Pulling the printed word out of peril

This teetering on the edge of the abyss is largely the fault of the rot within.



By Bikram Vohra

Published: Tue 29 Oct 2019, 7:00 PM

Last updated: Tue 29 Oct 2019, 9:32 PM

The attacks on conventional media have now become violent and the fact that the most powerful man in the world leads the assault does make things more ominous. Truth be told, newspapers in the traditional sense where journalists positioned themselves as watchdogs of the public and acted as staunch bridges over troubled waters, are globally in peril.
This teetering on the edge of the abyss is largely the fault of the rot within. Somewhere this conservative element let its guard down and allowed the political masters to invade the fourth estate and lay claim to its territory. This included the peasants who work on it.
I say 'peasants' advisedly because thanks to a collapse of values in the hierarchy the profession bent its back and became subservient to its paymasters. The editorial power and glory were gradually tainted and the biggest flaw that bruised journalism was its sudden desire to survive. By letting down its own. And willingly rendering space to Caesar even though he hadn't asked for it.
Around the world, editors became management reps rather than the Horatian guardians of the citadel and the fall commenced. Those who fought against the dirtying of the tide were banished to the sidelines and the news gradually became plastic, selective and paid obeisance at the altar of the bottom line.
Into this era of self-destruction with unfortunate timing came the onrush of social media disguised as a supportive friend with a stiletto in its cuff, ready to change the goalposts and the chemistry of delivering news. The cruel fact is that newspapers were not prepared for the onslaught. Already on the backfoot at having their turf trampled upon by powerhouses and vested interests and fighting a dwindling revenue as advertising discovered other exciting and novel outlets to the run of press, conventional media was overwhelmed.
As ad revenue went gung ho over the Internet, the overrunning by citizen journalism and instant dispatch of news, fake and fair, was a tsunami under which the standard value systems were washed away. Inundated and off balance the media found refuge in sulking and being offended. This attitude was further exacerbated by the fissures formed by competition in a dog eat dog environment. The unloved became unloving. The immediacy of the news delivery transformed into a huge boulder in the way of studied and factually supported material and with content up for grabs there was neither quality control nor the patience to verify. The dazed fourth estate huddled in a corner like refugees on a winter day, unsure of their next move and even more unsure of their identity. Their spokespersons lost their voice or it echoed tinnily in the wilderness.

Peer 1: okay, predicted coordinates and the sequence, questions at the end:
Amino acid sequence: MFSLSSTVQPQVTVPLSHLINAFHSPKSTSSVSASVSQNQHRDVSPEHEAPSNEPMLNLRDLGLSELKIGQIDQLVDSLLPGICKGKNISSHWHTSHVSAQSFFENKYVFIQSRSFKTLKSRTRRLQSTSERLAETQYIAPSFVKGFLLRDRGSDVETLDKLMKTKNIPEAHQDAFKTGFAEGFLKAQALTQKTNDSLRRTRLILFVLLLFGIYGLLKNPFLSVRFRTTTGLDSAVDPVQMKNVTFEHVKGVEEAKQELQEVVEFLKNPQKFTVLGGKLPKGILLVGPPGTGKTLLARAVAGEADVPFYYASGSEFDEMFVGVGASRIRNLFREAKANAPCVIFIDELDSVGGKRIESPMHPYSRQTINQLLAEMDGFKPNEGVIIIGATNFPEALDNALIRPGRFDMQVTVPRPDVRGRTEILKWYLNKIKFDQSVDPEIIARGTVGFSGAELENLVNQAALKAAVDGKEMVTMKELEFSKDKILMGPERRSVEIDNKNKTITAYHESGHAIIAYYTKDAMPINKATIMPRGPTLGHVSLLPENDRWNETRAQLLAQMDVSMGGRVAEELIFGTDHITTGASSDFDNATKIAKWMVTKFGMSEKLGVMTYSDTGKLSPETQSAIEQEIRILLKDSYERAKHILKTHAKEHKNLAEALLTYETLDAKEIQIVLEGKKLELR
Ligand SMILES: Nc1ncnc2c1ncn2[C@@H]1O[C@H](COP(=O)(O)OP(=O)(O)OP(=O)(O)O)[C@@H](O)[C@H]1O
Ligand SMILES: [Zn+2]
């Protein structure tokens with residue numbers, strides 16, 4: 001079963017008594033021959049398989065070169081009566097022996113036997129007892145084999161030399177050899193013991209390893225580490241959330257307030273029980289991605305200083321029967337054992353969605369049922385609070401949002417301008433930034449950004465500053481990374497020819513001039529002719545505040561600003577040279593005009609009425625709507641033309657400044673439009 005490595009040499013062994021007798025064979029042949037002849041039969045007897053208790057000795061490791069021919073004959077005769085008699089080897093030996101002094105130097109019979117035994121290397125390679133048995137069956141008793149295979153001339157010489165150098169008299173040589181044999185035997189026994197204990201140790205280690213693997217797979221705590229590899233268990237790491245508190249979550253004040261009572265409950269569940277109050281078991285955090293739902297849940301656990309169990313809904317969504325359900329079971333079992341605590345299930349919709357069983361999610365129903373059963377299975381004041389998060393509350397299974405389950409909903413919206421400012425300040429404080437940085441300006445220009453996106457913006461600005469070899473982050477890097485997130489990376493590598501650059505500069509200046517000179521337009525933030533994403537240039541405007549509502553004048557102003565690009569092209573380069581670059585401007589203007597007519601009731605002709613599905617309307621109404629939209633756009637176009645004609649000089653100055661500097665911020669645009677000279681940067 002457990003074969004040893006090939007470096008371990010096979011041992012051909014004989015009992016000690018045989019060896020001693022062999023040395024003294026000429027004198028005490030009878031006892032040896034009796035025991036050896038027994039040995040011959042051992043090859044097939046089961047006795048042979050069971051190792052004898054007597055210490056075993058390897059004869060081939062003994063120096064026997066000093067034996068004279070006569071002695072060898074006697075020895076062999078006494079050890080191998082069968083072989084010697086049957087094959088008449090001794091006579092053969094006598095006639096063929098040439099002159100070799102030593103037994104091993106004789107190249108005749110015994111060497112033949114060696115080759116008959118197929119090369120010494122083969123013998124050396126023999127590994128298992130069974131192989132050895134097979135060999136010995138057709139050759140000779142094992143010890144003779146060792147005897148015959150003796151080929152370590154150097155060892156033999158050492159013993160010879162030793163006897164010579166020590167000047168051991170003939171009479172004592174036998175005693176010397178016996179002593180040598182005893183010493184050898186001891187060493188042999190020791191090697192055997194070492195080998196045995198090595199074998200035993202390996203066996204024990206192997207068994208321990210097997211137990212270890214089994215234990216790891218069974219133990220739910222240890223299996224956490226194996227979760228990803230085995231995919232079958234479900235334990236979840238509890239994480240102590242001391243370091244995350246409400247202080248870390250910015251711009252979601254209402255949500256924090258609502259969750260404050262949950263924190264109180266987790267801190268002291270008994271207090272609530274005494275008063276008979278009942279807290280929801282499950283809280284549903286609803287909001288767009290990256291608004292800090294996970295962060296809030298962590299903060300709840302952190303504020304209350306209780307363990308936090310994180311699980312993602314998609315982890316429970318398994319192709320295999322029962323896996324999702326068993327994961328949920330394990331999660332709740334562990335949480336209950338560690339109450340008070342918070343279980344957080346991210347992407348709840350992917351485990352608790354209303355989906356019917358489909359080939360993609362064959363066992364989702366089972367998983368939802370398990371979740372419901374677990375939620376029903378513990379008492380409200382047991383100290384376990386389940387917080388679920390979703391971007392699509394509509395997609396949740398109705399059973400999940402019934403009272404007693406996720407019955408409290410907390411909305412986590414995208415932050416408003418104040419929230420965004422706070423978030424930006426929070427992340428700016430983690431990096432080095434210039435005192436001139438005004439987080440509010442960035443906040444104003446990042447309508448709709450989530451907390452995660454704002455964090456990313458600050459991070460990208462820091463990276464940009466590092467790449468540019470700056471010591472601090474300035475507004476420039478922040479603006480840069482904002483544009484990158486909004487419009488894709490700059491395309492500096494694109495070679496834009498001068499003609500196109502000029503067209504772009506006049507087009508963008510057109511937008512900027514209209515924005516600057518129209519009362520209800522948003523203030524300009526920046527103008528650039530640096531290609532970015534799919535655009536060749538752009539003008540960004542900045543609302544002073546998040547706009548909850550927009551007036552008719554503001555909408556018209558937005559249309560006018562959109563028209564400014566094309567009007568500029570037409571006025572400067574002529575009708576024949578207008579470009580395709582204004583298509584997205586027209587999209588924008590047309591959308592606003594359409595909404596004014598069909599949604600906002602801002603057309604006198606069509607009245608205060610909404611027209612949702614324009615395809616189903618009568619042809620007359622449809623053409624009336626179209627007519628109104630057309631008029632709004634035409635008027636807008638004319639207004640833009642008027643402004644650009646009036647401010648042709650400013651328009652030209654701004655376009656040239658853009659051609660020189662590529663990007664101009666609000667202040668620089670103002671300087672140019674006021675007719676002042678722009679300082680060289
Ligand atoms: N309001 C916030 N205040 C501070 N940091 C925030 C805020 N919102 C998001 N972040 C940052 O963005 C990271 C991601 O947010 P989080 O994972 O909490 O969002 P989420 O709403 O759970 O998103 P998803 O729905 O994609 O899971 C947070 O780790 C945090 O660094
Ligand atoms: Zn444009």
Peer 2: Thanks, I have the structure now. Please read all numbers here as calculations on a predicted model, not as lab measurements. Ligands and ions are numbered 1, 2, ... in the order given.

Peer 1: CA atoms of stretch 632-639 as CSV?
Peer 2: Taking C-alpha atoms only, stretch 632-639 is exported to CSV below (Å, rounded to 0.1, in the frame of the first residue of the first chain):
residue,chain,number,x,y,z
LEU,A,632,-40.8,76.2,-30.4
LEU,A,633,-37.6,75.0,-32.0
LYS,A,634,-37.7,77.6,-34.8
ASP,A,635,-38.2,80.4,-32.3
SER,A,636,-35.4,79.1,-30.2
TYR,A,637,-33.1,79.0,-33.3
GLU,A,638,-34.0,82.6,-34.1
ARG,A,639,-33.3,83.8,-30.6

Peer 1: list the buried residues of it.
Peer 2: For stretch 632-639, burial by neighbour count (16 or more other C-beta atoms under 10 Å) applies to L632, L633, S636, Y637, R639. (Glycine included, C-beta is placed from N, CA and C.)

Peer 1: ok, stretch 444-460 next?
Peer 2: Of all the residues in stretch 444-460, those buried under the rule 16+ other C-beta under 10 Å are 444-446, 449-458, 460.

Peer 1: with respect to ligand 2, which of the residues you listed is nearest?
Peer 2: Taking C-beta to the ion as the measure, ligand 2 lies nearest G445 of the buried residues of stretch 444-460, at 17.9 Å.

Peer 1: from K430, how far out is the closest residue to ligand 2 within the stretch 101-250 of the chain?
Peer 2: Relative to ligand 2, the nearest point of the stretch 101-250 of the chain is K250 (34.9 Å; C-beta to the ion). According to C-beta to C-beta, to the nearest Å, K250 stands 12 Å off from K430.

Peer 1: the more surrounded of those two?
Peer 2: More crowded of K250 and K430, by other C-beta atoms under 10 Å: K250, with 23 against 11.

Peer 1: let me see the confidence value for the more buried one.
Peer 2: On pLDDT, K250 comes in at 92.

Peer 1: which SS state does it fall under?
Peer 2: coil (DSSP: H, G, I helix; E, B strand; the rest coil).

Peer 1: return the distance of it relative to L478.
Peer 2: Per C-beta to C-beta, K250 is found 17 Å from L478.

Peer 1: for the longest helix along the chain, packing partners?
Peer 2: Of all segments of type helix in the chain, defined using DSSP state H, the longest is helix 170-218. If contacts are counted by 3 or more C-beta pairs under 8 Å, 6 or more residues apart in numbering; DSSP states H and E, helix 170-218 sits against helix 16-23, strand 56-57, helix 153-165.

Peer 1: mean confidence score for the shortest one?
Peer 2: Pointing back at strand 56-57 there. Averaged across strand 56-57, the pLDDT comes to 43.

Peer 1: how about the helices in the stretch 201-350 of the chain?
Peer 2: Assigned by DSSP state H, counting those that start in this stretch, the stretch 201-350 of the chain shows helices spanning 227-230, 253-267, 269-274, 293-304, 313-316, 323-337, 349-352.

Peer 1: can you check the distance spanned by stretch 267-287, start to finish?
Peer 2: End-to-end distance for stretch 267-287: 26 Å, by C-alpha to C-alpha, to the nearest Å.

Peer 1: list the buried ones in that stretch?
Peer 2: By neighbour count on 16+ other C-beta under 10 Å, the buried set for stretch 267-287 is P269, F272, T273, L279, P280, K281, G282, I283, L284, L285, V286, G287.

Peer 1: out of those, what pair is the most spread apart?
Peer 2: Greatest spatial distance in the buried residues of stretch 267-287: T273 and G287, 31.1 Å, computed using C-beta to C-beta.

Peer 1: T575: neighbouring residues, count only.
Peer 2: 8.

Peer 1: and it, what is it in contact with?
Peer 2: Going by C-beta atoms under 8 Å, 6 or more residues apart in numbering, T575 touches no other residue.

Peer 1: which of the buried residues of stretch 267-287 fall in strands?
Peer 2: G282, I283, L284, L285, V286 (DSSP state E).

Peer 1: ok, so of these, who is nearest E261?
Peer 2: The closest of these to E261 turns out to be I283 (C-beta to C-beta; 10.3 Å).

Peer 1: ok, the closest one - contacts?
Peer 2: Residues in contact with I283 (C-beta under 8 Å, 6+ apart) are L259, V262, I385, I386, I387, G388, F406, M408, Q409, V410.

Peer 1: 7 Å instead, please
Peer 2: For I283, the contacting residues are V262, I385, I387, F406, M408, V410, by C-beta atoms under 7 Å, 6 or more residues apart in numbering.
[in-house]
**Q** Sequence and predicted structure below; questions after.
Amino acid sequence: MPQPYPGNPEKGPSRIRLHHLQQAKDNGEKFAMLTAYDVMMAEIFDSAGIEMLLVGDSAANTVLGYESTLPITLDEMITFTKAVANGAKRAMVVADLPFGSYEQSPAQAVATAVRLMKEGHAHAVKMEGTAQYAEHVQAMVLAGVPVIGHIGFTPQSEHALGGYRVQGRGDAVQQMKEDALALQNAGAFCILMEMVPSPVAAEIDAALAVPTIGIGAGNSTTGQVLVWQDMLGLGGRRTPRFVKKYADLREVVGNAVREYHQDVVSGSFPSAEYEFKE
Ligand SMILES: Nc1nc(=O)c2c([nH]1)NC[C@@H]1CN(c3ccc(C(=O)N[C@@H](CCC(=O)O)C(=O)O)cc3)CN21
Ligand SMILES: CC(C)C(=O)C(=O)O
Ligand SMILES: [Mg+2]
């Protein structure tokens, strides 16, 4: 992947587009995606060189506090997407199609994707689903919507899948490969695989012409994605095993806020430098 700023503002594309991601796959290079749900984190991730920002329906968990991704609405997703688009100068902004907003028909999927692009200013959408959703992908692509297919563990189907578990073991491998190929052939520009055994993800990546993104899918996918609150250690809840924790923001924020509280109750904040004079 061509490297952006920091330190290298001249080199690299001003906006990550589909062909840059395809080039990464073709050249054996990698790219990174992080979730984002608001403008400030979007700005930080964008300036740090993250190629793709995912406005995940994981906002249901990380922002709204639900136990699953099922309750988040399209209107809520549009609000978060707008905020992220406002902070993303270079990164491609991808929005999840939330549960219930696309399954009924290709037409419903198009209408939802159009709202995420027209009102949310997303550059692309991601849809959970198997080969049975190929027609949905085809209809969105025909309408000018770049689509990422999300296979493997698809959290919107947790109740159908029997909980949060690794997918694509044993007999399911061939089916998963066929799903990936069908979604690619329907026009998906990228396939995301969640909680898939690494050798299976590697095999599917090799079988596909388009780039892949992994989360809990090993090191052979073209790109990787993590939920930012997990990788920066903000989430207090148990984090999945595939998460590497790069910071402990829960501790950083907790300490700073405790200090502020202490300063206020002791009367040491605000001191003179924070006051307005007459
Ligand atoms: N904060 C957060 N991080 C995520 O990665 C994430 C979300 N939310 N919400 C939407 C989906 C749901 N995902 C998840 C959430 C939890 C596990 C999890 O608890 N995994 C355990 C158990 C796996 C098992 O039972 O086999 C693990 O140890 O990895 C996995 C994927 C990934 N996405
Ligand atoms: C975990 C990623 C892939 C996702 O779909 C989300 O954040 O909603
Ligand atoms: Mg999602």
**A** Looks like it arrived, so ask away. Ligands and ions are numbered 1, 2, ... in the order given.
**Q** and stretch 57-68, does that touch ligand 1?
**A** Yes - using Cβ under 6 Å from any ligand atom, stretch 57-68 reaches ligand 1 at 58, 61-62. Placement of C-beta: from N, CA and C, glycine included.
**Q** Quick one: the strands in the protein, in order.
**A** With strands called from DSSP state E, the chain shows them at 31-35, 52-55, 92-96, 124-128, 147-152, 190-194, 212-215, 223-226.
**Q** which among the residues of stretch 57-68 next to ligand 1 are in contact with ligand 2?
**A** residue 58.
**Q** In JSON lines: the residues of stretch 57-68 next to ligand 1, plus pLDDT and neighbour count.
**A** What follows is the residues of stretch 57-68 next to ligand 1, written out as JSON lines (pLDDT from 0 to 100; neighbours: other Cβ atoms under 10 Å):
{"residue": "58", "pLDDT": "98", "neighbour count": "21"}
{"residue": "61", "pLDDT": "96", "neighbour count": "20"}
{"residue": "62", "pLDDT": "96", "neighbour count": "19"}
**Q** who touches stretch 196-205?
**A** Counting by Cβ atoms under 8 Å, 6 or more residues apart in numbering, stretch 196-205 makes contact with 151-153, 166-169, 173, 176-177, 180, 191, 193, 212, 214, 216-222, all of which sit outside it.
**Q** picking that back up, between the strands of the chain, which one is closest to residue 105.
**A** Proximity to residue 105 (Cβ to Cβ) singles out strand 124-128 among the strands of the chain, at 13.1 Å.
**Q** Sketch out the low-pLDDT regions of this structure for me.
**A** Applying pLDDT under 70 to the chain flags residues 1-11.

Even as the rallying call to fight in the trenches whimpered its way across the free world media and a few stalwarts called for a return to sanity, the moat had already been breached. The sagacious journalist's efforts were no longer required reading. Criticism was being seen through the prism of treachery and the reader, even the discerning one, was happy enough with sound bites and clips. Thirty minutes reading was now absorbed in ten second globs. Journalism had been eclipsed by Whatsapp and You Tube and the overwhelming clout of Facebook. It is still being devoured.
The one ace in the pack that the traditional media had was reader loyalty. When those numbers started wilting panic set in. This panic was distilled through clever PR into a bludgeon and individuals in high places like US President Donald Trump equated support with honesty and loyalty with truth. If you were not with me you were a hostile.
Yes, globally, we are marginalised as editorial entities, whether ensconced in ivory towers or fighting in the trenches and the only option to claw our way up is to woo the reader and get him back.
How that can be done is still a blur. Informed opinion still has a certain authenticity and there are enough takers for it except that they have also been silenced by the throng. But it will need retail and corporate and industrial integrity to eliminate the contempt that is fast becoming mutual. Without money and without some starch in the spine conservative media is risking being dead in the water. The fourth estate was encouraged to play its role as an advocate and have practitioners within who wrote without fear or favour. And let the cookie crumble as it may. That sanctity can only be restored when journalist and reader get back on the same page and manufactured news is whittled out of fashion. Can media achieve this mini miracle against the odds in a world where even the jesting Pilate does not wait for an answer on what is truth.
The jury is out on this one and might stay out for a long time because there is no easy answer.
Today, The Trump administration stops the Washington Post and The New York Times from being delivered to the White House. Tomorrow, it might block a TV channel. Whatever happened to the Winston Churchill dictate: "I may not agree with what you say but I will defend to the death your right to say it."
It was on that foundation that the edifice of the free press was conducted. Will no one do it reverence?
-bikram@khaleejtimes.com


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